US remains reluctant to commit troops in Bosnia

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The Independent Online
FOR ALL the growing peace momentum in Bosnia, largely attributed to more energetic intervention by the US, the administration of Bill Clinton is still insisting it will only send troops to the former Yugoslav republic when all three warring factions have subscribed to a settlement.

In the weeks since the 6 February mortar attack on a Sarajevo market which finally shook Washington and the West out of lethargy, President Clinton and other senior officials have reiterated that the US will provide a substantial part of a UN peace-keeping force, once the Muslims, Bosnian Croats and Bosnian Serbs have signed a final peace agreement. The American contingent, they say, would be up to one-third of the total.

But despite the appeal of UN officials on the ground for more men to safeguard the present unofficial calm, and arguments that nothing could so incline the Bosnian Serbs to serious peace-making than the sight of US troops among them, there has been no public sign from Washington that this will quickly happen.

For the first time in a year, the US can boast that it has a genuine Bosnian policy being put into effect. This week's show of Nato air muscle and the accord here between Muslims and Bosnian Croats are regarded as highly encouraging.

But the President remains committed to seeking Congressional approval for the dispatch of American ground forces to the Balkan battle zone, only after a 'workable' accord, satisfactory to all parties, has been achieved. The recent string of diplomatic and military successes has not dented the deep aversion of Congress to risking US lives.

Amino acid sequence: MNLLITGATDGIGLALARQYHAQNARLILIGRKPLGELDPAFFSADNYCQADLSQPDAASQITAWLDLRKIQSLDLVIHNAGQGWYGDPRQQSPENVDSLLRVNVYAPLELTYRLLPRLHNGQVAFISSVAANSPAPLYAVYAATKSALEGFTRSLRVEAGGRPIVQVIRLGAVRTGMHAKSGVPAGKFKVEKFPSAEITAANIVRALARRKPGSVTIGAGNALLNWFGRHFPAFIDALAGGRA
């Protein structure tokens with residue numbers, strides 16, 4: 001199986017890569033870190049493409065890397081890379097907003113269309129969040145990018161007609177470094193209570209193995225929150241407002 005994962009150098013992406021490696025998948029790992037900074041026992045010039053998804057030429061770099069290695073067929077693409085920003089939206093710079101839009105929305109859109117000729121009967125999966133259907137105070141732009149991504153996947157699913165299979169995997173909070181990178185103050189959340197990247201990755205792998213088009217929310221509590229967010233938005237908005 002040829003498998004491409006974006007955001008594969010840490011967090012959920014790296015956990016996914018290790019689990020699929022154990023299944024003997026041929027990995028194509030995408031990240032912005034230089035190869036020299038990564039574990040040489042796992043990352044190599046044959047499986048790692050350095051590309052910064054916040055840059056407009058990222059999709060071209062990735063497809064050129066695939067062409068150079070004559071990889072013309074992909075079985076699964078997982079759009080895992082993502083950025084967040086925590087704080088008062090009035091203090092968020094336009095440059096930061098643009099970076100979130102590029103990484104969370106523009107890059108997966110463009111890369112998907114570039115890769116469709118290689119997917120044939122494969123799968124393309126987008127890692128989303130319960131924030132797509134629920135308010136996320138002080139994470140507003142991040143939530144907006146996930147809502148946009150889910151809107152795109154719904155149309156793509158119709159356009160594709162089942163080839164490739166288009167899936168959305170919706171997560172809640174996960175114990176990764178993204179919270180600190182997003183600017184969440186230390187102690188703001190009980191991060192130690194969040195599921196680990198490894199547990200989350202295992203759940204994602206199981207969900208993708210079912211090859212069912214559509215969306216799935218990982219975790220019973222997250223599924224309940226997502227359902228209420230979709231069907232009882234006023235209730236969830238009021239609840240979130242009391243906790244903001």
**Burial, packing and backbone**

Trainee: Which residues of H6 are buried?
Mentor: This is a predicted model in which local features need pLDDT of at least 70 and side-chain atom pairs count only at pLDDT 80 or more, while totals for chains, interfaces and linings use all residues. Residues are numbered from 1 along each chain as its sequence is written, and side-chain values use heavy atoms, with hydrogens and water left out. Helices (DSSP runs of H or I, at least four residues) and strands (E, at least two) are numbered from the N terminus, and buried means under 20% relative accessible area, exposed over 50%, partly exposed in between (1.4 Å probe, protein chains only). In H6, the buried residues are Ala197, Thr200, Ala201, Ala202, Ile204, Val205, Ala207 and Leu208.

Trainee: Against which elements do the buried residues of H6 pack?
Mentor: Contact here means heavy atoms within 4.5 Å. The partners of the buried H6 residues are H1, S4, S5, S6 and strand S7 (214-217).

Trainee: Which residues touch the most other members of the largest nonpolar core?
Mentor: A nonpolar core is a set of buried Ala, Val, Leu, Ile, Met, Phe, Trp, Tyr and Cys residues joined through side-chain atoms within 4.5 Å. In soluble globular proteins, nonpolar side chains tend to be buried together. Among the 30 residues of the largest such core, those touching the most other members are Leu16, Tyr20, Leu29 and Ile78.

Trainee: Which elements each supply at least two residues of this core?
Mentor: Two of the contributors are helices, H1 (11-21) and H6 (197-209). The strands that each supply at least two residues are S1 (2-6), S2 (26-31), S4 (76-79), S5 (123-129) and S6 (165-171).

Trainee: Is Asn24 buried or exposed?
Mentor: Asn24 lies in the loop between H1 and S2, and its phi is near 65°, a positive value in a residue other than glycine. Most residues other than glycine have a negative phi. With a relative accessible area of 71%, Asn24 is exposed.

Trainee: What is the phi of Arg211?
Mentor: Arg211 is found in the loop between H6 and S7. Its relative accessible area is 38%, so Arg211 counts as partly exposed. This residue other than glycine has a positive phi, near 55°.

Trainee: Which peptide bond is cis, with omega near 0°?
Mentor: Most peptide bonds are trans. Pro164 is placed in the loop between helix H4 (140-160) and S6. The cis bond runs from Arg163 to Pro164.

Reinforcing that aversion will have been the blunt warning this week of General David Maddox, commander of US forces in Europe, whence Washington's share of the peace-keeping force would come. 'Hopefully I won't have a Beirut, but we're going to have some fights there,' General Maddox said. 'We're going to take some losses in getting the job done.'

The US strategy now is somehow to persuade the Bosnian Serbs to come into a broader accord built on the Muslim-Croat deal here. Pentagon officials say such an arrangement might require only 35,000 or so UN troops, compared with 50,000 at least for the orginal Vance-Owen plan to split Bosnia into 10 ethnically based 'cantons'.

To bring in the Serbs, Washington is banking on a combination of war-weariness on all sides, Russian pressure on their fellow Orthodox Slavs and the promise of an end to the Western economic quarantine on Belgrade and its surrogates in Bosnia. According to Warren Christopher, the Secretary of State, the new agreement will create 'a balance of power more likely to make the Serbs negotiate seriously'.

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